Ponder Maira Kalman’s “Women Holding Things”, love, love them, and be proud.

MY LIST of current mysteries is split:   ALREADY READ and WAITING:        ALREADY READ, waiting for next one–if there is a next one:      

Elsa Hart’s Li Du Trilogy, set in 18th Century, SW China.  Love the books, learned a lot, AND Li Du is a librarian.                                                                                                        Jane Harper’s Aaron Falk Trilogy, set in contemporary Australia.  Third volume due December, 2033.  Another good Australia read is Peter Temple’s Jack Irish mysteries, which are also a series on Acorn, which is inexpensive and home to other pertinent, beautifully filmed series. Paul Doiron’s Trooper Mike Bowditch mysteries, set all over interior and coastal Maine.                                                                                                    Elly Griffiths’ Archaeologist and Professor Ruth Galloway mysteries, set in Norfolk by the sea, in NE England.                                                                                                Val McDiarmid’s DS Karen Pirie mysteries, set in St. Andrews, Scotland.          Peter May’s Lewis Trilogy, set in the Outer Hebrides of Scotland.                         Daniel Silva’s Gabriel Allon, part of Israel’s Mossad’s very contemporary activities.        David Ignatius, my CIA and Middle Eastern go-to guy and a Washington Post columnist.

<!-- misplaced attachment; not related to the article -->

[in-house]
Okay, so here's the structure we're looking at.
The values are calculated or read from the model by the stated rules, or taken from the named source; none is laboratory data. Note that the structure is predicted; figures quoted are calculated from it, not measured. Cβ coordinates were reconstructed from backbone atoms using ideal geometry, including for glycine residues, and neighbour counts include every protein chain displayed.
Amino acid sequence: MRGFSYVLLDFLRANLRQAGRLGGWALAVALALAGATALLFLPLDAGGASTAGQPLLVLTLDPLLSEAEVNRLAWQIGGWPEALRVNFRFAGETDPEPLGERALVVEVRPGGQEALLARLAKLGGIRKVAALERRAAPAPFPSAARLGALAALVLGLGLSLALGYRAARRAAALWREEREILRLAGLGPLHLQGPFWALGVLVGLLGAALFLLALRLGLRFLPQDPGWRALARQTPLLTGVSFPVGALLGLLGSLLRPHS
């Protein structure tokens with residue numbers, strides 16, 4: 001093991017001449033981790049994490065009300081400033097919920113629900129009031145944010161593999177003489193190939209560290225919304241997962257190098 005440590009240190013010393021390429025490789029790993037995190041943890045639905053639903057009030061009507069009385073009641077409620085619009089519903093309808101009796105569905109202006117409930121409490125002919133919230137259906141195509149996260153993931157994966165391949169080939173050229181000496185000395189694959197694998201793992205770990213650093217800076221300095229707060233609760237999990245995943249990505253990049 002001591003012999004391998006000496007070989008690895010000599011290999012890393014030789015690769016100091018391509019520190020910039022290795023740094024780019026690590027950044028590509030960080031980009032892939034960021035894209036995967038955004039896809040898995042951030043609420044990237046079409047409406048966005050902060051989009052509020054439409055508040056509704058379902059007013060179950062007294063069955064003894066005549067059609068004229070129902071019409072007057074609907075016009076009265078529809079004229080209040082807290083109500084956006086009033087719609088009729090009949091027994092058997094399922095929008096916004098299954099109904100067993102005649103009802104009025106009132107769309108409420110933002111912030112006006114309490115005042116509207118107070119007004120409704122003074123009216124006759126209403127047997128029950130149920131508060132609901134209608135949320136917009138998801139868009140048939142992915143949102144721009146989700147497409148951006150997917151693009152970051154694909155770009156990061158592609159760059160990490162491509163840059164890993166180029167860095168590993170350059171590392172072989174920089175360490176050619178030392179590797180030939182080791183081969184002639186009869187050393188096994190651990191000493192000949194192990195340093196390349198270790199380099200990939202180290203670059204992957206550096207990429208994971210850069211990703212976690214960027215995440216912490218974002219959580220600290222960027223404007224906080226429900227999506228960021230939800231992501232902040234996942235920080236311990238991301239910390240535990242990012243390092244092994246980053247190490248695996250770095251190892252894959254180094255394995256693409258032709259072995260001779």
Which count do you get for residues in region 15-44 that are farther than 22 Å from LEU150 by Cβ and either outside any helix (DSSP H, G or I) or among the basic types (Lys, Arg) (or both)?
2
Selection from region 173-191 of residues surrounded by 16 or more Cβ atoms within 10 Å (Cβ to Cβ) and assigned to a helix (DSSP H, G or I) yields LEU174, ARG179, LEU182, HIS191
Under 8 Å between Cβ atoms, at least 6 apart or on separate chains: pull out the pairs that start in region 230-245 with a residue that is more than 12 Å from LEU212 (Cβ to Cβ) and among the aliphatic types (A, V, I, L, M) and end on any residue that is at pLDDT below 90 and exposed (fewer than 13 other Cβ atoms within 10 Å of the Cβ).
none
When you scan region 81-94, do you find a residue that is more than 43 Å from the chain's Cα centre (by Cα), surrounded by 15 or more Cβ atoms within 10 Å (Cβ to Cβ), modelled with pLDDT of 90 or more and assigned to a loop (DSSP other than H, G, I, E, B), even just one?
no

While Justice Sleeps, by Stacy Abrams. Likened by Scott Turow to John Grisham’s The Pelican Brief, which I liked, and Ms. Abrams will know the government’s ways of which she writes.

Saratoga Paycheck by Stephen Dobyns.  Herein,  Charlie Bradshaw  is retired, but not tired, and so am I.  Great series, set in upstate NY, as is the Clare Fergusson / Russ VanAlstyne series, by Julia Spencer-Fleming, which I also like. Stephen Dobyns is also a poet, which I like, because poets don’t waste words. 

My Darling Detective, by Howard Norman.  I loved Howard Norman’s earlier mystery, The Bird Artist, with its layers and setting, and this one also has layers and probing, and setting on the Canadian Maritime coast.     

Writ in Stone, by Cora Harrison.  Book 4 of The Burren Mysteries, set in 16thC West of Ireland, brings to mind the Sister Fidelma mysteries by Peter Tremayne, which I liked a lot and which give potential to my increasingly tonsured head. 

CODA                                                                                                                                                I can’t remember what I said after this listing in the vanished post, except to acknowledge that I had gotten carried away AGAIN, that I had more BOOKISH INCIDENTS to report, and that I had to get reading-ready for Poetry Club.  Hint: I love Wislawa Szymborsrka.   More to come.